# Pulling out terms in solving the covariance of the slope and intercept in linear regression

I want find the covariance of the estimates $$\hat{\beta_0}$$ and $$\hat{\beta_1}$$. There are many answers such as this one that give the answer as \begin{align*} \operatorname{Cov}(\hat{\beta_0}, \hat{\beta_1}) = -\frac{\bar{x}\sigma^2}{n\sum(x_i - \bar{x})^2} \end{align*} where $$\sigma^2$$ is the variance of the errors.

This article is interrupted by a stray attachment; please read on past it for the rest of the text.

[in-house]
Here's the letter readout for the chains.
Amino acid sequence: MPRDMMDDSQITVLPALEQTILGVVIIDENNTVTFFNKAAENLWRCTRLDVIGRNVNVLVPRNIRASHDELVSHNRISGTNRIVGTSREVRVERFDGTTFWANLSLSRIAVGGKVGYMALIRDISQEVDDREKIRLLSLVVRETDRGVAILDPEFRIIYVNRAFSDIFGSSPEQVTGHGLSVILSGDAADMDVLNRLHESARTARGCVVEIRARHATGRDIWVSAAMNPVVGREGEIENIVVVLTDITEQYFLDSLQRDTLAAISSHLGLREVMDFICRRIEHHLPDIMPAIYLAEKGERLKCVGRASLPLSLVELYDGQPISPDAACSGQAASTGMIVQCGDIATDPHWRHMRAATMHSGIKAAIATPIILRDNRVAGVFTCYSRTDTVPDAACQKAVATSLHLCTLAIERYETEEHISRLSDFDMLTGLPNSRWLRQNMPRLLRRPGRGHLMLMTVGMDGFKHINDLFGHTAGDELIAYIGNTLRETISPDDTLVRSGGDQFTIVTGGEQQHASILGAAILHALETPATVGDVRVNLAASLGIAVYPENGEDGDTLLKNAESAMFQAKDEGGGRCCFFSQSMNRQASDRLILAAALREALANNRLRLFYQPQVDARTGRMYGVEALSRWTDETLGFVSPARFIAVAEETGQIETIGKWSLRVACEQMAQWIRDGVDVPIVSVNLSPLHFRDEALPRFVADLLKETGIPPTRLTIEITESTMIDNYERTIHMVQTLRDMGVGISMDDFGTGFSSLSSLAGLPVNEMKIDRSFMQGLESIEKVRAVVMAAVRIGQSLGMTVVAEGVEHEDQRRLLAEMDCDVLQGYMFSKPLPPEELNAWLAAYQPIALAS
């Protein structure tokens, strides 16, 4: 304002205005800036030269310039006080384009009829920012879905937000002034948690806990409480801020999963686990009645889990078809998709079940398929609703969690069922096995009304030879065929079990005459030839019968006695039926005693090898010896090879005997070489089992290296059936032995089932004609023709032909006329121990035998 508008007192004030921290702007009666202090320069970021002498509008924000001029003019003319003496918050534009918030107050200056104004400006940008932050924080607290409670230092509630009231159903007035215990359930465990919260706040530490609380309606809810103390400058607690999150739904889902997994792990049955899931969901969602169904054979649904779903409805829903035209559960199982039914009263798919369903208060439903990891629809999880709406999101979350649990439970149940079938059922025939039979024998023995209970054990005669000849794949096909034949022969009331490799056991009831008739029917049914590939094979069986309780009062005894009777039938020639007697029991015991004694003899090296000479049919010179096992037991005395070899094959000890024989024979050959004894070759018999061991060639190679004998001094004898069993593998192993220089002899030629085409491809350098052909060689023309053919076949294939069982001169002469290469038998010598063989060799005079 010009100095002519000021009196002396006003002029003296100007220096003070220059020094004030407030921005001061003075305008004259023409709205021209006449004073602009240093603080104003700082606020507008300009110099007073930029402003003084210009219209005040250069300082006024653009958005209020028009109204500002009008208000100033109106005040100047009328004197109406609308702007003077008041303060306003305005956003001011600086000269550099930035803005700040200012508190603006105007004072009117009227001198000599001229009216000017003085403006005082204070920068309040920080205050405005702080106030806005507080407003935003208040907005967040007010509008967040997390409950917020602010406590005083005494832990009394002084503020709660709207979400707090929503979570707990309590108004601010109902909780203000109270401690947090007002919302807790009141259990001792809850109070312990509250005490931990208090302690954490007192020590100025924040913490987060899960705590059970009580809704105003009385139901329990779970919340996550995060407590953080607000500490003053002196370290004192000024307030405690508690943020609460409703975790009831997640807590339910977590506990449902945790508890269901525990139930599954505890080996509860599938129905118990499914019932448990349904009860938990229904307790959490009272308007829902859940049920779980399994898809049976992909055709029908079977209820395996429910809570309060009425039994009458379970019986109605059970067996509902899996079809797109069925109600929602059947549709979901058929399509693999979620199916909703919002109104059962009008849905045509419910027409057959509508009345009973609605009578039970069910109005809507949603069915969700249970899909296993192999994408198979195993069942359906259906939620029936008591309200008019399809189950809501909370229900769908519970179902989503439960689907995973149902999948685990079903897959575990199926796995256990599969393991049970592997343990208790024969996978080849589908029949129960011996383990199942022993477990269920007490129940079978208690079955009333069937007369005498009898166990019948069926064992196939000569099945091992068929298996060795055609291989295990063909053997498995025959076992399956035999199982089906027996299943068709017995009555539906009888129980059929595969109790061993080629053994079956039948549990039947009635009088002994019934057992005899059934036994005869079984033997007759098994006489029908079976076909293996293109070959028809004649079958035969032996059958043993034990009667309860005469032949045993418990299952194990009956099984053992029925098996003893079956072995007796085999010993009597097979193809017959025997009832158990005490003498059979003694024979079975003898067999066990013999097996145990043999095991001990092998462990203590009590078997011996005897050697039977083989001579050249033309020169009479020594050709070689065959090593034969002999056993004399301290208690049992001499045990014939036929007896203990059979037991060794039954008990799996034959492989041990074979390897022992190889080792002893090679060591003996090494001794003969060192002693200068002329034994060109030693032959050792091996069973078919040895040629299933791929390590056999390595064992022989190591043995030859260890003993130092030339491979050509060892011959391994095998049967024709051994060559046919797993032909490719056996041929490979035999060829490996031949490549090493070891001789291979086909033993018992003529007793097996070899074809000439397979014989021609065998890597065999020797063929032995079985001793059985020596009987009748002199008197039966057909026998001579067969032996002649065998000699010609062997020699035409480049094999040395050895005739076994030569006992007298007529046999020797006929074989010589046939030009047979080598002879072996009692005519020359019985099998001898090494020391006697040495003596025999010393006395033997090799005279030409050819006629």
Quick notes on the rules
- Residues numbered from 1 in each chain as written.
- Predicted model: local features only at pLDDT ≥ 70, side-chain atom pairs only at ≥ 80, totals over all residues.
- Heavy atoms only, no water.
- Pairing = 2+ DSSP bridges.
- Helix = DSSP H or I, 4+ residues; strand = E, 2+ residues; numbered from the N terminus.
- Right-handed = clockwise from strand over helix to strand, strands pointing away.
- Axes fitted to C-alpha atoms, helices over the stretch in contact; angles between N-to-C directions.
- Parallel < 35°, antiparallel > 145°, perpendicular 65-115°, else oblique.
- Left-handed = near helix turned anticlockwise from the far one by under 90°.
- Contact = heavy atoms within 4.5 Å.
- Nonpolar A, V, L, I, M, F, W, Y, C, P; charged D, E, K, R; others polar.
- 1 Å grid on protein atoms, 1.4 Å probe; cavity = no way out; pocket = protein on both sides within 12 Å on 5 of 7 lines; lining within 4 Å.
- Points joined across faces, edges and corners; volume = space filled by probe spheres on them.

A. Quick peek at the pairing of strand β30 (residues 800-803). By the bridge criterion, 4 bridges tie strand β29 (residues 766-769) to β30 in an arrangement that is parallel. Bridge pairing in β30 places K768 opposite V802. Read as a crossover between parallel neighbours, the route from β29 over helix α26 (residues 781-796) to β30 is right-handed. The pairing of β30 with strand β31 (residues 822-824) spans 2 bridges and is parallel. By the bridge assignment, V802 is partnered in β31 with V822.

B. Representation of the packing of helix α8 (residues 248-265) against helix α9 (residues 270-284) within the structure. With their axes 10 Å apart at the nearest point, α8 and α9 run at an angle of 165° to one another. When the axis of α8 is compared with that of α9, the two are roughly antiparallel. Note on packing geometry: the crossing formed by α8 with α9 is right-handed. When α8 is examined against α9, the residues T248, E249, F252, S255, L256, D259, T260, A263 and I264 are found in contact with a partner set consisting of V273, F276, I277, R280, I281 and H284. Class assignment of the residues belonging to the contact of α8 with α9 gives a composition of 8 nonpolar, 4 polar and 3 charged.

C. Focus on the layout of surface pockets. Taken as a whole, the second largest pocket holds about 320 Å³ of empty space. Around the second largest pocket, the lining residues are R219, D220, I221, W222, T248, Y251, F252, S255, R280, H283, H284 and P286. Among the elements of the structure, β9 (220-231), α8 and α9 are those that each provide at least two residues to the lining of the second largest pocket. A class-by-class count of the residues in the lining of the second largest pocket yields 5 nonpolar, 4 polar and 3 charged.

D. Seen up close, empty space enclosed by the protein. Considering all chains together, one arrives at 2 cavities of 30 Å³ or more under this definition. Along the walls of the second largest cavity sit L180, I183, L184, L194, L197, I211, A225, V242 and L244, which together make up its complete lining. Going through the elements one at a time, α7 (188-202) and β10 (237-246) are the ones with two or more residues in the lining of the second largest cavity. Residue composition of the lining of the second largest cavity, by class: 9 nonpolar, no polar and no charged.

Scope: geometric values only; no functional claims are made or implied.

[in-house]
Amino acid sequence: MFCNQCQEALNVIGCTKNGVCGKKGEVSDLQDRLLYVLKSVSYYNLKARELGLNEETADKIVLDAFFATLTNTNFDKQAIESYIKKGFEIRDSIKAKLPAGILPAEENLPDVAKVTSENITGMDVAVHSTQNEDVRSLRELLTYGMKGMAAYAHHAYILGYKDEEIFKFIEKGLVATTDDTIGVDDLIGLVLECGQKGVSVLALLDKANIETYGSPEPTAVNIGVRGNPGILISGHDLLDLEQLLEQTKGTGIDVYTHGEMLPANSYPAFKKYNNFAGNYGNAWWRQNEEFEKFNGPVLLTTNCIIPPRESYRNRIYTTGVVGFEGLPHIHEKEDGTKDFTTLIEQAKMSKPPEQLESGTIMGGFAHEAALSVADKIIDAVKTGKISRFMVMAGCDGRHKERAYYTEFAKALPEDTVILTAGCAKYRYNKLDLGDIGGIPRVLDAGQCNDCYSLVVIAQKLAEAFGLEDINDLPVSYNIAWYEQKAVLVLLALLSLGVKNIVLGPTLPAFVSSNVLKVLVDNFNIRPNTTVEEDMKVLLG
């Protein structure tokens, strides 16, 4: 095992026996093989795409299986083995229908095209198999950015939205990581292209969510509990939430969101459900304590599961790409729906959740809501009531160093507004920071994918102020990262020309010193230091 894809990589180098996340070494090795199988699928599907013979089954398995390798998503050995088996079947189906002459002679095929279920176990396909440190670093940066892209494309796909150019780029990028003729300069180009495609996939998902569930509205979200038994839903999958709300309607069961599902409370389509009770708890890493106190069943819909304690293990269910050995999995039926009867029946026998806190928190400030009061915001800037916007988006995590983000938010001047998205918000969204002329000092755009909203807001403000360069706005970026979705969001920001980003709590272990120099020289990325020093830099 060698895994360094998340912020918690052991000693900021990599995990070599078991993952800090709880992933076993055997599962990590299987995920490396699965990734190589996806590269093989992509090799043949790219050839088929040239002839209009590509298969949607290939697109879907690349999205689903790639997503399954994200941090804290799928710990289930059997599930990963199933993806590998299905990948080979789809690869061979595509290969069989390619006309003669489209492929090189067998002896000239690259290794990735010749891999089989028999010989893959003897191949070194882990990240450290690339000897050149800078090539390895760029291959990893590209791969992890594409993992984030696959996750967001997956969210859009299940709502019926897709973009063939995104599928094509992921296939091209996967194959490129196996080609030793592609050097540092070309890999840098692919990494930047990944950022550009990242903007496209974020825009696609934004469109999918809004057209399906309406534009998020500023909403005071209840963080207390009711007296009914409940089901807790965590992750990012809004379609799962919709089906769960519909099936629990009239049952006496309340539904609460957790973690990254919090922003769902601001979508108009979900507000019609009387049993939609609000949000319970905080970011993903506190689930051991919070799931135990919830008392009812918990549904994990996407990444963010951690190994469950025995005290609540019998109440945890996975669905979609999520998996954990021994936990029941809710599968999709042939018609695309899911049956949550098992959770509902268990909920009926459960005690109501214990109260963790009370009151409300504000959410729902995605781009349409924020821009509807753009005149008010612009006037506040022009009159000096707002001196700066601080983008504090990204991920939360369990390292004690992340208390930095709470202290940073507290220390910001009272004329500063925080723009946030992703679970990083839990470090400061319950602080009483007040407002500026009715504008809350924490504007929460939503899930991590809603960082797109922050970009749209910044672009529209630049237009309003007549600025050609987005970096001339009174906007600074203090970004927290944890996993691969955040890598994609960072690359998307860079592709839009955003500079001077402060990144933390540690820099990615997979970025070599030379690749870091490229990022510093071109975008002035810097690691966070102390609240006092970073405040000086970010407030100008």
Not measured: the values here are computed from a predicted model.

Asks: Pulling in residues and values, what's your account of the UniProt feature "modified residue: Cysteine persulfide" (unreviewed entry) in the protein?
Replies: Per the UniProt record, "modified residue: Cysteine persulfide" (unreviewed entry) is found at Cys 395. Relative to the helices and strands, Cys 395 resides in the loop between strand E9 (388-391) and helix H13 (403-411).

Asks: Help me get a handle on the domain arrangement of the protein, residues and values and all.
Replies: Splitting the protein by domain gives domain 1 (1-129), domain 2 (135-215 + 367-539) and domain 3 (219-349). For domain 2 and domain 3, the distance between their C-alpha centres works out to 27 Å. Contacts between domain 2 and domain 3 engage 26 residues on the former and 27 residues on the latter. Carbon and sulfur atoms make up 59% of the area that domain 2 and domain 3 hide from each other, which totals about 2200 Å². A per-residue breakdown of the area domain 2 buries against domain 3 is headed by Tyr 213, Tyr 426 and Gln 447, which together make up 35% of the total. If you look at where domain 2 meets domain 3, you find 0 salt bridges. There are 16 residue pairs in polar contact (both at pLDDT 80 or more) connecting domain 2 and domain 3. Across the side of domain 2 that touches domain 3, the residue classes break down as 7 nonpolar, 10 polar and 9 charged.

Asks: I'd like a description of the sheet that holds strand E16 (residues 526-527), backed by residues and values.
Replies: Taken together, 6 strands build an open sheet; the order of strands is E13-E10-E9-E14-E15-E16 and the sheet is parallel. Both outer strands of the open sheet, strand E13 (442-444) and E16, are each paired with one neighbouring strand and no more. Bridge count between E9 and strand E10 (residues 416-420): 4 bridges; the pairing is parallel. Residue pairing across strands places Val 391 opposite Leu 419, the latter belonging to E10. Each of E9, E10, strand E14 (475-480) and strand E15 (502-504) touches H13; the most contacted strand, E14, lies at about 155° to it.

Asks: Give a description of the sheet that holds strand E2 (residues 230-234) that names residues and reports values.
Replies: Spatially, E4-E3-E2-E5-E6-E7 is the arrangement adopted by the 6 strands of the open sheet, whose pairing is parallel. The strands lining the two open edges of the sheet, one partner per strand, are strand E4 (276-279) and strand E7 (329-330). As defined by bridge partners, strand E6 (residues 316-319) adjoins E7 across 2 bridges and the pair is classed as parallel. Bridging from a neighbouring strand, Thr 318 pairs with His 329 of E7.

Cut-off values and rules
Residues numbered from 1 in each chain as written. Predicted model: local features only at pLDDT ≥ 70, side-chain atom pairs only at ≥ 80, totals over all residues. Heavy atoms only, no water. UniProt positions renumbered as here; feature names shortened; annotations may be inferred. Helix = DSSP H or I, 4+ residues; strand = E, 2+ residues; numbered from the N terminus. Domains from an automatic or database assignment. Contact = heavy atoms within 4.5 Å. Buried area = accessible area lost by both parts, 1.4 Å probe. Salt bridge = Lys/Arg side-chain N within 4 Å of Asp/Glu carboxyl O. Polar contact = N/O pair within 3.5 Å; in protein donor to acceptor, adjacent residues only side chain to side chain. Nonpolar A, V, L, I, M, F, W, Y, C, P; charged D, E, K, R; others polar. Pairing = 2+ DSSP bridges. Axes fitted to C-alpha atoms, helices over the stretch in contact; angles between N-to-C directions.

However, when I try to get to this answer via non-matrix form for case of simple linear regression, I feel as if I'm breaking a few rules on notation and arithmetic. Since the only random variables are the $$y_i$$, we can bring outside of the covariance term all of the $$x_i$$ terms because they are treated as constants. For ease of notation, let $$S_{xx} = \sum (x_i - \bar{x})^2$$. \begin{align} \operatorname{Cov}(\hat{\beta_0}, \hat{\beta_1}) &= \operatorname{Cov} \Big(\bar{y}-\hat{\beta_1}\bar{x}, \frac{\sum _j(x_j - \bar{x})y_j}{S_{xx}}\Big)\\ &= \frac{1}{S_{xx}} \operatorname{Cov} \Big(\frac{1}{n} \sum_i y_i - \frac{\bar{x}\sum_i (x_i - \bar{x})y_i}{S_{xx}} , \sum_j (x_j - \bar{x})y_j\Big)\\ &= \frac{1}{ S_{xx}} \sum_j \Bigg[(x_j - \bar{x}) \cdot \operatorname{Cov}\Big( \frac{1}{n} \sum_i y_i - \frac{\bar{x}\sum_i (x_i - \bar{x})y_i}{S_{xx}} , y_j \Big)\Bigg]\\ &= \frac{1}{ S_{xx}} \sum_i \sum_j \Bigg[(x_j - \bar{x}) \cdot \operatorname{Cov}\Big( \frac{y_i}{n} - \frac{\bar{x}(x_i - \bar{x})y_i}{S_{xx}} , y_j \Big)\Bigg]\\ &= \frac{1}{ S_{xx}} \sum_i \sum_j \Bigg[(x_j - \bar{x}) \cdot \operatorname{Cov} \Big(\Big[ \frac{1}{n} - \frac{\bar{x}(x_i - \bar{x})}{S_{xx}}\Big] y_i , y_j \Big)\Bigg]\\ &= \frac{1}{ S_{xx}} \sum_i \sum_j \Bigg[\Big(\frac{1}{n} - \frac{\bar{x}(x_i - \bar{x})}{S_{xx}}\Big)\cdot (x_j - \bar{x}) \cdot \operatorname{Cov}( y_i , y_j )\Bigg]\\ &= \frac{1}{ S_{xx}} \sum_{i} \Bigg[\Big(\frac{(x_i - \bar{x})}{n} - \frac{\bar{x}(x_i - \bar{x})^2}{S_{xx}}\Big) \cdot Var(y_i)\Bigg]\\ &= \Bigg(\frac{\sum (x_i - \bar{x})}{n S_{xx}} - \frac{\bar{x}\sum (x_i - \bar{x})^2}{nS_{xx}^2}\Bigg) \sigma^2\\ &=\Bigg(0 - \frac{\bar{x}}{nS_{xx}}\Bigg) \sigma^2 \\ &= -\frac{\bar{x}\sigma^2}{nS_{xx}} \end{align} What I am confused about is when the term $$\sum_j (x_j - \bar{x})$$ is pulled out since it can be treated as a constant, but doesn't $$\sum_j (x_j - \bar{x}) = 0$$? If so, shouldn't the answer be $$0$$? If the way that I dealt with the $$i$$ and $$j$$ terms is problematic, I would be grateful to hear advice on notation. Also, should the $$\sigma^2$$ be $$\hat{\sigma}^2$$ since we don't actually know the true variance of $$y_i$$, just an estimated one that can be obtained from the mean-squared error, $$\hat{\sigma}^2 = \sum (y_i - \hat{y}_i)^2/(n-2)$$?